Now, the following story isn’t something I’m proud of. Truth be told, reading about Graham Hancock’s Giving Up the Green Bitch ordeal was sort of eye opening for me, not in the “pot can lead to bad things sort of way”, but moreover in the, “wow, Graham used to smoke way more weed than I ever have” way. Kind of a warning in all honesty. If I didn’t have to work a day job like Graham, I could probably quite easily fall into the smoking-all-day-every-day trap that he found himself ensnared in. As a matter of fact, that’s how I roll on the weekends, but you know, on a daily basis I have to work boring ass jobs to support myself and smoking at work has always struck me as both a waste of weed and a high. Because of this, I typically don’t blaze up until like 5pm during the work week.… Read the rest
Tag Archives | Corporate America
“I will not be pushed, filed, stamped, indexed, briefed, debriefed or numbered. My life is my own.” – Number Six, “The Prisoner”
People usually get tattoos to show off their personality, but for the employees of Rapid Realty getting inked was simply a quick and sure way to get a 15% permanent bonus. Company owner Anthony Lolli has been more than happy to pay for tattooing fees, but doesn’t take credit for the idea. Surprisingly enough, it all started when one of his employees decided to do it for free. “He calls me up,” Lolli said “‘Hey Anthony, I’m getting the logo on me.’ I show up at the shop and I’m like ‘this is cool, how can I repay you?’” And it all pretty much snowballed from there, and now 40 of his 800 workers have the Rapid Realty logo inked somewhere on their bodies.
NPR‘s daily show, Fresh Air, Jesse Drucker from Bloomber News engaged in an interesting discussion yesterday about the multinational companies that save billions in taxes by using other countries with lower corporate income tax. What does this mean for the country’s economy, both that of the US and the offshore tax havens? From WHYY on NPR:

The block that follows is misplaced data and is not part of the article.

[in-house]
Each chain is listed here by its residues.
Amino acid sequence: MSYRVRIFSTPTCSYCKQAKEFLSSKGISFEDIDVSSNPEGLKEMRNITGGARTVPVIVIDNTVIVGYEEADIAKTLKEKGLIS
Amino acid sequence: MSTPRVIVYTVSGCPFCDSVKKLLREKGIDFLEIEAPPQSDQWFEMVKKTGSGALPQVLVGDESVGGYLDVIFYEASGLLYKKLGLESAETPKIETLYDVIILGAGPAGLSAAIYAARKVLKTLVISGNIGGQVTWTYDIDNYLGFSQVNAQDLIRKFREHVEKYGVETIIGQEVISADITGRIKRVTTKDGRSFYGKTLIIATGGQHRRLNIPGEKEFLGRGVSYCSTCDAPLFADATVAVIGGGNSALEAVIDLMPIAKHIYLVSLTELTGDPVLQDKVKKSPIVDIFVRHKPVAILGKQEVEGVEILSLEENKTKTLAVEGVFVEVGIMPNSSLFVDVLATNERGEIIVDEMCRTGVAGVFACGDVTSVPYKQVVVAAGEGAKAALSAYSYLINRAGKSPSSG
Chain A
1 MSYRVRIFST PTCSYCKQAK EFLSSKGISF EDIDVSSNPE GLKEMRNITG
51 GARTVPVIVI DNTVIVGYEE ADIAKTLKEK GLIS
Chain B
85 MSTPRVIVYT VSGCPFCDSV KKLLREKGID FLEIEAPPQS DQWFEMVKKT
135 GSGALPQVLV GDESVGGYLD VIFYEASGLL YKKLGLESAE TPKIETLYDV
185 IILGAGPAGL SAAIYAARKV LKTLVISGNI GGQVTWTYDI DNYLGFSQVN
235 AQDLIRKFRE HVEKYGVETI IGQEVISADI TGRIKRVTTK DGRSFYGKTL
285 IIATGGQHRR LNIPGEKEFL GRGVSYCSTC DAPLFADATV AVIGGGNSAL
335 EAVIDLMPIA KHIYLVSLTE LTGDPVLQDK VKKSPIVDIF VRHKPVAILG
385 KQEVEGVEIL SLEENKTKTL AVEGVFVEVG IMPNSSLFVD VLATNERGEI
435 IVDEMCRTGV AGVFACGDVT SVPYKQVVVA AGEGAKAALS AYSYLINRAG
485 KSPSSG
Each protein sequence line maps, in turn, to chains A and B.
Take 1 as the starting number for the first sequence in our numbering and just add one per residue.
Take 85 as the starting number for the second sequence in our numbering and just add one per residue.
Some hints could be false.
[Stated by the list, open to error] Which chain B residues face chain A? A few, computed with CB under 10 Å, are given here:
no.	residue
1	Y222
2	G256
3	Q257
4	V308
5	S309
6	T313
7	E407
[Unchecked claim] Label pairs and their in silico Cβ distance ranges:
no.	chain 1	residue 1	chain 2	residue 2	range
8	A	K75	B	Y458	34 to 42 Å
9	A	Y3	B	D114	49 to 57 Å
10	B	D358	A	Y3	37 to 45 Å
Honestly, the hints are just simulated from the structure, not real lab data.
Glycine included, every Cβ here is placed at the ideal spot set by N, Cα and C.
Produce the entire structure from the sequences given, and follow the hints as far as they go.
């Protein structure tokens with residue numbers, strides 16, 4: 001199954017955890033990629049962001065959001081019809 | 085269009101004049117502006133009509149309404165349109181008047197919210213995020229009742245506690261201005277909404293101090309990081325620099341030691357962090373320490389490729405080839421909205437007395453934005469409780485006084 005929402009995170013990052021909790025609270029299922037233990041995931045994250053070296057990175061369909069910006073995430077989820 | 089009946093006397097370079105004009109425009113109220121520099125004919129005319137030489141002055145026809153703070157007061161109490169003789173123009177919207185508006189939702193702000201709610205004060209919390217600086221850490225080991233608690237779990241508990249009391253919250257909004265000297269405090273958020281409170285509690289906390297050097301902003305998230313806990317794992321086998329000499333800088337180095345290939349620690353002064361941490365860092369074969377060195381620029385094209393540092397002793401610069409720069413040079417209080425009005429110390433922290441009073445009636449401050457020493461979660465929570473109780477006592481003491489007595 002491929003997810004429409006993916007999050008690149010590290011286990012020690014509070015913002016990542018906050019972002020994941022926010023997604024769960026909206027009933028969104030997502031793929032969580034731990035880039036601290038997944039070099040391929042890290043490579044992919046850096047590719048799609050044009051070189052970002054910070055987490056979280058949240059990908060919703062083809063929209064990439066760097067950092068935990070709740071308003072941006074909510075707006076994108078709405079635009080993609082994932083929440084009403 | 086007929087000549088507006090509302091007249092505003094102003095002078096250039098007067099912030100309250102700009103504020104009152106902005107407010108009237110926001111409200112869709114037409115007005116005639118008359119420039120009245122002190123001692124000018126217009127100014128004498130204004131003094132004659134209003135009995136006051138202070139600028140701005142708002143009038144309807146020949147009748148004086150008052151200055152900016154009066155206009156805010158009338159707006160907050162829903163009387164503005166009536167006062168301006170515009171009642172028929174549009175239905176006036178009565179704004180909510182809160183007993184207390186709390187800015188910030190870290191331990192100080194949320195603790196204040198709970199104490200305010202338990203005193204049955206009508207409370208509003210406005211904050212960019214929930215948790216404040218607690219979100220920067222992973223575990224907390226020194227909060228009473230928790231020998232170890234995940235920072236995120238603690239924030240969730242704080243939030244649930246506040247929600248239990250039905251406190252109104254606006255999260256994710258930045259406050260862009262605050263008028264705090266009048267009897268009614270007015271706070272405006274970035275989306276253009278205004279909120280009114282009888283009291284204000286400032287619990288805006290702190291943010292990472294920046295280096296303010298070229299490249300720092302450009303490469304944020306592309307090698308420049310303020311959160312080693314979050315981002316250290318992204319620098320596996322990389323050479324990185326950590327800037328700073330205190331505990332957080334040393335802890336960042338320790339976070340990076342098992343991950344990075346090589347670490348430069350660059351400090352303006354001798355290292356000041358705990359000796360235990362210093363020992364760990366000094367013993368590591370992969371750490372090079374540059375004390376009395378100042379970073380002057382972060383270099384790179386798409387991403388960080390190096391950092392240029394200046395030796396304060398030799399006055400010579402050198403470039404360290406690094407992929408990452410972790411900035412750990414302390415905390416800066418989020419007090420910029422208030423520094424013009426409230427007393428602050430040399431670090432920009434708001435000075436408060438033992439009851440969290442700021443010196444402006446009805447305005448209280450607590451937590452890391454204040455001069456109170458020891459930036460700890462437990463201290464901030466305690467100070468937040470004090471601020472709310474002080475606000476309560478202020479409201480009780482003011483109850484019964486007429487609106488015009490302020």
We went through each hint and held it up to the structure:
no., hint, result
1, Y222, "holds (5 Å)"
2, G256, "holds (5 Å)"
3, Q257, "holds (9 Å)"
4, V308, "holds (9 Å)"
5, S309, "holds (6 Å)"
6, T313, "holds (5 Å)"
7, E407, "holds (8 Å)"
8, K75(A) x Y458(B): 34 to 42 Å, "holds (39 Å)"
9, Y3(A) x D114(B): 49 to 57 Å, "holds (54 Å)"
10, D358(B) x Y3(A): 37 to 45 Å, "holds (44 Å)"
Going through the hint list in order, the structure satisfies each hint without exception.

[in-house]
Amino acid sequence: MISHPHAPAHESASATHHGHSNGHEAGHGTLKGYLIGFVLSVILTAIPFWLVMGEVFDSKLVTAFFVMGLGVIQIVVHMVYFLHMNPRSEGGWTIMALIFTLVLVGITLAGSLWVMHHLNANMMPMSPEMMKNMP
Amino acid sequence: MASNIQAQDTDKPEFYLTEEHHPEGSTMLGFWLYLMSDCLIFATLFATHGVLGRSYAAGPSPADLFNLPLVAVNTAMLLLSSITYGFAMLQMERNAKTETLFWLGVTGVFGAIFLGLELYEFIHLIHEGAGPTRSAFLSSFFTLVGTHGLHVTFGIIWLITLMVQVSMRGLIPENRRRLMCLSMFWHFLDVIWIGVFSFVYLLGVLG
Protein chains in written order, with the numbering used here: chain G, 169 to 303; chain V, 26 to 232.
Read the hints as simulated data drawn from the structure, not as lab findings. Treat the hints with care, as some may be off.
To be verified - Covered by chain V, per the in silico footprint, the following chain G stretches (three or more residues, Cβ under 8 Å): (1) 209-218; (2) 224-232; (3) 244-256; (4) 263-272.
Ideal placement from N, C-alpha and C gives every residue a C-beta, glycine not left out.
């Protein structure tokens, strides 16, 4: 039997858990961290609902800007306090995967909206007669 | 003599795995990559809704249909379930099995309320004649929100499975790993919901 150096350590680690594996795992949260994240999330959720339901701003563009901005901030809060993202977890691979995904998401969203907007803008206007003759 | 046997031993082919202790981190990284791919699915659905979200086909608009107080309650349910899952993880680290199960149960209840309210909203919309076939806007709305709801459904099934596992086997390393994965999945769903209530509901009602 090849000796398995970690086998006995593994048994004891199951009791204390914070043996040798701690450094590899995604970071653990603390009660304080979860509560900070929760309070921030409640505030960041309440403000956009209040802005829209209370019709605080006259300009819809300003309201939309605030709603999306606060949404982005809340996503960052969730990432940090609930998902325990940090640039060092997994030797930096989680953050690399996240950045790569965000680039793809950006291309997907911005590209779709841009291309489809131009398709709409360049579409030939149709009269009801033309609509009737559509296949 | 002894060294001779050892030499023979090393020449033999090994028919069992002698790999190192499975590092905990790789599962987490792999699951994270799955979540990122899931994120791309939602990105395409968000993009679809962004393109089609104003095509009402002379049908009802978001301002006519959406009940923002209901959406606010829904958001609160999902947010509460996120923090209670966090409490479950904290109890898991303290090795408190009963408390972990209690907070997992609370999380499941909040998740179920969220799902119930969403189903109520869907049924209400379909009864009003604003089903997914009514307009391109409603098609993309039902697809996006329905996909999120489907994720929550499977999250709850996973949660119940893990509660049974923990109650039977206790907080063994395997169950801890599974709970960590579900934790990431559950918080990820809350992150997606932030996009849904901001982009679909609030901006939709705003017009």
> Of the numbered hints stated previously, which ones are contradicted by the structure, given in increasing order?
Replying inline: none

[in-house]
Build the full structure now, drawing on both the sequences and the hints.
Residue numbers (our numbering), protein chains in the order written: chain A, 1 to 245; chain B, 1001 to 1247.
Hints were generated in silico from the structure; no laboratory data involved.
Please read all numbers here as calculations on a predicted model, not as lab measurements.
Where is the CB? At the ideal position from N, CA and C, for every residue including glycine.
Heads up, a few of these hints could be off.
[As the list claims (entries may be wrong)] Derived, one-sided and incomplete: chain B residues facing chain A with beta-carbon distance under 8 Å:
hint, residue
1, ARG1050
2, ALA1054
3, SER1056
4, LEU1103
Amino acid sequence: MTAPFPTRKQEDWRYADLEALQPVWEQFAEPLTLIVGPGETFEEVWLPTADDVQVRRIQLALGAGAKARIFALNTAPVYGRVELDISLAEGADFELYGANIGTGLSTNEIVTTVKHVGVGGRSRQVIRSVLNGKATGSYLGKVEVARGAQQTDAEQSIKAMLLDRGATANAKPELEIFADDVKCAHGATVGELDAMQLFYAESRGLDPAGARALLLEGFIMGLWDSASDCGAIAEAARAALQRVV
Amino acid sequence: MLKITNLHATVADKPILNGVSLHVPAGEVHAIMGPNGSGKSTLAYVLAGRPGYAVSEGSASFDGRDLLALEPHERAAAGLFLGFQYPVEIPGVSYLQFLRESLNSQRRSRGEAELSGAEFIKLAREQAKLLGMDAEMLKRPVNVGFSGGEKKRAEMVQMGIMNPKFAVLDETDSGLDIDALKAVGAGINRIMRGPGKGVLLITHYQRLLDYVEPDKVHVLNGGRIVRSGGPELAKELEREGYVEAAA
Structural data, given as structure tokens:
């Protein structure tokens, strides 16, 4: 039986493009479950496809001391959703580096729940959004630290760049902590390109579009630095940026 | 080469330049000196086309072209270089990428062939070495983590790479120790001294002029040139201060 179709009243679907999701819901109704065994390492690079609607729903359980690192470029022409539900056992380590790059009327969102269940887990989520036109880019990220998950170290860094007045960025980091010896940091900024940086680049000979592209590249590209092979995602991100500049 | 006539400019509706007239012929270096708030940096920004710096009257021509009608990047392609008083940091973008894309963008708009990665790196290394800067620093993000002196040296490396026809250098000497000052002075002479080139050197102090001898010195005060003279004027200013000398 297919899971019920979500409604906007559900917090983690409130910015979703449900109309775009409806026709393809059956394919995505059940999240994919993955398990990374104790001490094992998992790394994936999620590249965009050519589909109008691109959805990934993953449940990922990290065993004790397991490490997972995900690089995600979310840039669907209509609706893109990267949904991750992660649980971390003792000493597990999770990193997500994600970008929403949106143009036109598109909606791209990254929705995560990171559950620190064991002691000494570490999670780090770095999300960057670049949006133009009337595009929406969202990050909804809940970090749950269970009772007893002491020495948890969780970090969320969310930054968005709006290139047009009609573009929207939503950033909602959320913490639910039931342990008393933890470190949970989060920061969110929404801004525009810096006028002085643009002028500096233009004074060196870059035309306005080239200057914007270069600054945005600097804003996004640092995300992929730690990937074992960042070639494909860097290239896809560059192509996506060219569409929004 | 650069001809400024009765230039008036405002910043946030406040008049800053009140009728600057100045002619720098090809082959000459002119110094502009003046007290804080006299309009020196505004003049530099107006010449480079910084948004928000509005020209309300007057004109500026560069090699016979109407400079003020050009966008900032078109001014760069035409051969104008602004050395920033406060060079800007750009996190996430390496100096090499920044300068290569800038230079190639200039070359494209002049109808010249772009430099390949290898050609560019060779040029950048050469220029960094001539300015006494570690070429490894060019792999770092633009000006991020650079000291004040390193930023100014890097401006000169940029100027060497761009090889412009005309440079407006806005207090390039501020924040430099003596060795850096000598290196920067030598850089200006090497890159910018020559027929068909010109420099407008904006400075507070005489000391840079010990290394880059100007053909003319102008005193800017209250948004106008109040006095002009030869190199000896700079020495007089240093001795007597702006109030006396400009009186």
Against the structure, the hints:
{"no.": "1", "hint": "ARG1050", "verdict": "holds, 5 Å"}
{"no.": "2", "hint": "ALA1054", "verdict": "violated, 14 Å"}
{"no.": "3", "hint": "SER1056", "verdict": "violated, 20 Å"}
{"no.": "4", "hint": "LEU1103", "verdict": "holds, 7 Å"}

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The top corporate income tax level in the United States is 35 percent. In the United Kingdom, it’s 28 percent. But in Ireland, it’s only 12.5 percent, and in Bermuda there’s no corporate income tax at all. That means multinational companies that shift their earnings through Ireland or Bermuda can save billions of dollars in taxes each year.
On today’s Fresh Air, Bloomberg News reporter Jesse Drucker, who has written extensively about corporate tax-dodging, explains how companies like Google, Pfizer, Lilly, Oracle, Facebook and Microsoft have managed to reduce their tax rates by hundreds of millions — and in some cases, billions — of dollars by taking advantage of offshore tax havens.